For many years now, radiologists have practiced their specialty on workstations in reading rooms, sending reports to referring physicians via email or other hospital communications systems. Unlike the days of film and light boxes, when radiologists and referring physicians would discuss patient care while viewing images, today’s radiology workflow rarely includes face-to-face meetings with other providers and almost never involves interactions with patients. This workflow, however, is increasingly under pressure to change. New research shows that in-person communications between radiologists and referring physicians improves patient care.
Study Indicates Significant Changes to Surgical Plans
A recent study, published in February 2016 in the Journal of the American College of Radiology, shows that in-person communications between radiologists and acute care physicians improved patient care. For the study, researchers analyzed the results of rounds held between an acute care surgery team and abdominal radiologists. In 43 percent of these in-person meetings the acute care physicians changed their diagnosis, making significant changes in their surgical plans for the patients.
This conclusion clearly indicates that changing radiology workflow to either include face-to-face meetings or provide a way for radiologists and referring physicians to collaborate in real time will improve patient care. PACS has been a big factor in the disconnection between clinicians and radiologists. A radiologist can’t carry a PACS workstation around like they used to carry films.
To enable this change in process and communication, radiologists need enterprise image viewers so they can “bring” their images with them for viewing on a laptop, tablet or smartphone in face-to-face meetings. Enterprise image viewers also enable collaboration by allowing referring physicians and radiologists to simultaneously view and discuss an image during a phone call.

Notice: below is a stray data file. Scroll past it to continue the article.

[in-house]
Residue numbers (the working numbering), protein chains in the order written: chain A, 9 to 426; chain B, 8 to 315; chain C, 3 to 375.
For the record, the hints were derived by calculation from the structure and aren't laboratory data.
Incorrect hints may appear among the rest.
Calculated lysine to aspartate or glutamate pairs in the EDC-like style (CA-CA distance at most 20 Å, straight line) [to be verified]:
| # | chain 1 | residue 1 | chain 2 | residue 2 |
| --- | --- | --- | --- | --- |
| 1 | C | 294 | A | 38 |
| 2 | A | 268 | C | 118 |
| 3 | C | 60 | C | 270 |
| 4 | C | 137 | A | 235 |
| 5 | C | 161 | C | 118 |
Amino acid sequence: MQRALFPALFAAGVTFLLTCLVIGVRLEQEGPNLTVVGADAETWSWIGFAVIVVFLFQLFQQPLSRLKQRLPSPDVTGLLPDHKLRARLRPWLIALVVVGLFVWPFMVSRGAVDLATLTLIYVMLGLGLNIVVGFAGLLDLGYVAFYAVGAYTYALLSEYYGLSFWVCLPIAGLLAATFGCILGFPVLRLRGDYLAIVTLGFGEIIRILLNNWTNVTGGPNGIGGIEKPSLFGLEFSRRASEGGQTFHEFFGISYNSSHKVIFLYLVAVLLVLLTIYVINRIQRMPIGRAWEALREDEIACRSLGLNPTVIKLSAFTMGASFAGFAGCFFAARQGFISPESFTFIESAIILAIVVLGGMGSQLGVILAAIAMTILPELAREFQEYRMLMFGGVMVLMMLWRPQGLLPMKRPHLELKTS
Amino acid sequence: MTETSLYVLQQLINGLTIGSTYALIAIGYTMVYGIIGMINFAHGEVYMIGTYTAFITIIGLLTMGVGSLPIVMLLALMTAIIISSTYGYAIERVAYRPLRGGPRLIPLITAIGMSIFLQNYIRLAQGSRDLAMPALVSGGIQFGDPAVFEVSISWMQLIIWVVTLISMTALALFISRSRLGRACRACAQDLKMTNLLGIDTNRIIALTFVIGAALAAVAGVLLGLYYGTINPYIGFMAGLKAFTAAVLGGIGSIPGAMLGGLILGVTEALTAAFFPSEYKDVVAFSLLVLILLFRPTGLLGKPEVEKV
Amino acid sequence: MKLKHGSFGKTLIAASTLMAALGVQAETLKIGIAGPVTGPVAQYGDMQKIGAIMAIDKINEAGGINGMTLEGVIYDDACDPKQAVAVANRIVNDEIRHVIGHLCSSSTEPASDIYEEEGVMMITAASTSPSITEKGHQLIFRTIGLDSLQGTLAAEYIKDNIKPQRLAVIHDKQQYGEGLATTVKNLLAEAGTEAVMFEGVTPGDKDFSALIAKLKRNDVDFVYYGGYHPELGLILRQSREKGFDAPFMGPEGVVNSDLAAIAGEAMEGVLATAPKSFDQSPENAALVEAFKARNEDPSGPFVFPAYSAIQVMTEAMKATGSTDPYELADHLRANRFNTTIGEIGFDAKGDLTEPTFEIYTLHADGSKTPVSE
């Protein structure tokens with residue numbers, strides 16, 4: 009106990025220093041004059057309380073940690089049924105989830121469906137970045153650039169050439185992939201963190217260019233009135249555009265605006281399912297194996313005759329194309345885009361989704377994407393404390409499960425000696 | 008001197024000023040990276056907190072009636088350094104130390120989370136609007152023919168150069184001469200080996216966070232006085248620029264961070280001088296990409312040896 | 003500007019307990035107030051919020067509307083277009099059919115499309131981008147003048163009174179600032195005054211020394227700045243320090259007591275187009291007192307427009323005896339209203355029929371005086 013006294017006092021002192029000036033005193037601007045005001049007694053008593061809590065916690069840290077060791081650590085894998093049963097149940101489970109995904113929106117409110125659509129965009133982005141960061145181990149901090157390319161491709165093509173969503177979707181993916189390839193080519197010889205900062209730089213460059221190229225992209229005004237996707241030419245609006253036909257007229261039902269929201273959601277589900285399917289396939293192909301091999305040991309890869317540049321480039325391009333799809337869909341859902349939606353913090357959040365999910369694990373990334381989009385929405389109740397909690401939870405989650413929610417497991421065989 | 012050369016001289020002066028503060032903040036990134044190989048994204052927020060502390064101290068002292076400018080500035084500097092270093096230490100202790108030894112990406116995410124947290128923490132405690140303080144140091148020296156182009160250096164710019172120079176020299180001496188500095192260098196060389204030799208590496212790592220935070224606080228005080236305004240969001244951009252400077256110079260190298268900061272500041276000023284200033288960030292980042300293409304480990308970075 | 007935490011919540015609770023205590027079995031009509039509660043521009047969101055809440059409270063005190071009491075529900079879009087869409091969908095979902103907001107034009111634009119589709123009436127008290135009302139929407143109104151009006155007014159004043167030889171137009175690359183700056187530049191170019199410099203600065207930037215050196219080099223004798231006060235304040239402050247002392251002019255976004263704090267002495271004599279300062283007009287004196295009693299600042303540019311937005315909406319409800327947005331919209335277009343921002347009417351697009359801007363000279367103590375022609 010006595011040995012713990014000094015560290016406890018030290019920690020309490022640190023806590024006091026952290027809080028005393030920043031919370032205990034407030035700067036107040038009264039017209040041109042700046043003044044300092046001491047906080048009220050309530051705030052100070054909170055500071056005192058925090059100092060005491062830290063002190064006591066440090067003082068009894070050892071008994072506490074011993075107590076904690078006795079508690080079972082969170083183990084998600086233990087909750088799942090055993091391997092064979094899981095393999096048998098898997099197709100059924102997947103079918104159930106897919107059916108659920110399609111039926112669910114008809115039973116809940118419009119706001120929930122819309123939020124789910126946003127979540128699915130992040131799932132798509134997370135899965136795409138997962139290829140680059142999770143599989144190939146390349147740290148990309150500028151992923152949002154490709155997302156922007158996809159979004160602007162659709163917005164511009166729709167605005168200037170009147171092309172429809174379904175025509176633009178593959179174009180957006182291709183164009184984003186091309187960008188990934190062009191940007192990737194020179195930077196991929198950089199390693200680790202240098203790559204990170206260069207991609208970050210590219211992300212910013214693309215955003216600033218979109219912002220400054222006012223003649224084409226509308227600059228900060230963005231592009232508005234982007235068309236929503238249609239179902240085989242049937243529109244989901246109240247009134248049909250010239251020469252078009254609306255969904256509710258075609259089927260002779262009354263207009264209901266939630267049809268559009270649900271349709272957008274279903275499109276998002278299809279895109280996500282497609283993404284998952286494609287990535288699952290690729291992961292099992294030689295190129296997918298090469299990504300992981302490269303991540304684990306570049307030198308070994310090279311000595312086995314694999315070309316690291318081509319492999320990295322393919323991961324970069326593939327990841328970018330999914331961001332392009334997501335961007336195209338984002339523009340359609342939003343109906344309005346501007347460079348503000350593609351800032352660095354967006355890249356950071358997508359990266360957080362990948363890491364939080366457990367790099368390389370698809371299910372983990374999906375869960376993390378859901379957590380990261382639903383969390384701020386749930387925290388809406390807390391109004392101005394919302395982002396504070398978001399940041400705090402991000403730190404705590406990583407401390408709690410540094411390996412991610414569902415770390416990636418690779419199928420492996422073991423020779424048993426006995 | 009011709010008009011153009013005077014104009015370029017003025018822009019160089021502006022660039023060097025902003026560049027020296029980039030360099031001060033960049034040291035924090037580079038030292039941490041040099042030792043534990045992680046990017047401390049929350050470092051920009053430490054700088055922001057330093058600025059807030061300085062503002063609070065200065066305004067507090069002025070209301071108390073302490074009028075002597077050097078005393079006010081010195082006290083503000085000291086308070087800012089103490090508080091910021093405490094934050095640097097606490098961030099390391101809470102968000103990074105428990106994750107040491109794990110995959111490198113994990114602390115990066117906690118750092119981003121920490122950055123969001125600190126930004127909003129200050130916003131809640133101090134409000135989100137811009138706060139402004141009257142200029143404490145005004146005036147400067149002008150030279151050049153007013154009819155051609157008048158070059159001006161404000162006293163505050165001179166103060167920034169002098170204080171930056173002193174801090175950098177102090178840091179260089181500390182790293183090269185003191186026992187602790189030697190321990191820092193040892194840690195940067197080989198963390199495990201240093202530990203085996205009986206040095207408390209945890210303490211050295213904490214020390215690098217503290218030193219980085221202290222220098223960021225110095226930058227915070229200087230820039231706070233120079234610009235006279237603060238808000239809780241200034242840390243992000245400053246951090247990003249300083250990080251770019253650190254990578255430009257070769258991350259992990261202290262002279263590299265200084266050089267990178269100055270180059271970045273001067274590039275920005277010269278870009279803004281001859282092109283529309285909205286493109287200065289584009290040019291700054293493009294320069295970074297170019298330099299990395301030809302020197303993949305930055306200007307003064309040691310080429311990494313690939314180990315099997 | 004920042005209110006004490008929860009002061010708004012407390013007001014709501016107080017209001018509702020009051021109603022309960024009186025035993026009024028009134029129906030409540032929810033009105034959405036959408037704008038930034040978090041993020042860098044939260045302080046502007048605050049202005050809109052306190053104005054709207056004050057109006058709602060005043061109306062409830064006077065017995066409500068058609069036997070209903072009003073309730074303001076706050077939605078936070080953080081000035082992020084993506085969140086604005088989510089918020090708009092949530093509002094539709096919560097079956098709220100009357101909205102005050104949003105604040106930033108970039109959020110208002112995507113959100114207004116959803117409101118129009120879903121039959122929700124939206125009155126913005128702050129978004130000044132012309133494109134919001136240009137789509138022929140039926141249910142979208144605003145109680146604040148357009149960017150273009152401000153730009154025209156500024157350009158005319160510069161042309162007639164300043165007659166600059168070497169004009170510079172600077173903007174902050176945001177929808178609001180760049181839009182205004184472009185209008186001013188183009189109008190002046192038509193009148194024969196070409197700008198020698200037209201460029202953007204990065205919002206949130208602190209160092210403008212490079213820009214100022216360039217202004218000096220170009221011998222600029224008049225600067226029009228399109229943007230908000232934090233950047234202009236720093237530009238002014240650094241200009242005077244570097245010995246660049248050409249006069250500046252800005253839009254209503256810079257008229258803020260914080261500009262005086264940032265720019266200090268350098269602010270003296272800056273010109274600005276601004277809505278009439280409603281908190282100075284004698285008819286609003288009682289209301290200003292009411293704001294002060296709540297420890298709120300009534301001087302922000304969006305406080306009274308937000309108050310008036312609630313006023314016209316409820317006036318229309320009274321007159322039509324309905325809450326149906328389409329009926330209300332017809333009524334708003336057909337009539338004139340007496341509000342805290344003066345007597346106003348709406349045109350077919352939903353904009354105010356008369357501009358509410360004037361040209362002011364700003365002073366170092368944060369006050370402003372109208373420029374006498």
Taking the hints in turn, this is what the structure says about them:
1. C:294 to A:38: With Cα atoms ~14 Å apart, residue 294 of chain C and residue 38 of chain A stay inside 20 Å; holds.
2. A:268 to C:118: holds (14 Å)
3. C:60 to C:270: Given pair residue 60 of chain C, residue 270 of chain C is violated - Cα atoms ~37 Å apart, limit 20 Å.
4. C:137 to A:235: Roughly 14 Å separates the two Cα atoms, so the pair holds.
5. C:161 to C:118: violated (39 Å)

Collaboration Among Caregivers is Critical to Patient Care
The above-mentioned study also concluded that the conclusions of radiologists’ written reports differed from image readings while meeting in-person with the acute care team. These differences may have been influenced by a better understanding of the patient case on the part of the radiologist gained through their face-to-face communication with the acute care team, indicating that benefits from collaborative meetings are a two-way street that lead referring physician and radiologists to better patient care.
As renowned MIT professor, writer and cyber sociologist Sherry Turkle asserts, “The virtues of person-to-person conversation are timeless…Our most basic technology [is] talk.” In healthcare, supporting conversation among providers is critical to patient care.
This blog originally appeared on Calgary Scientific‘s website.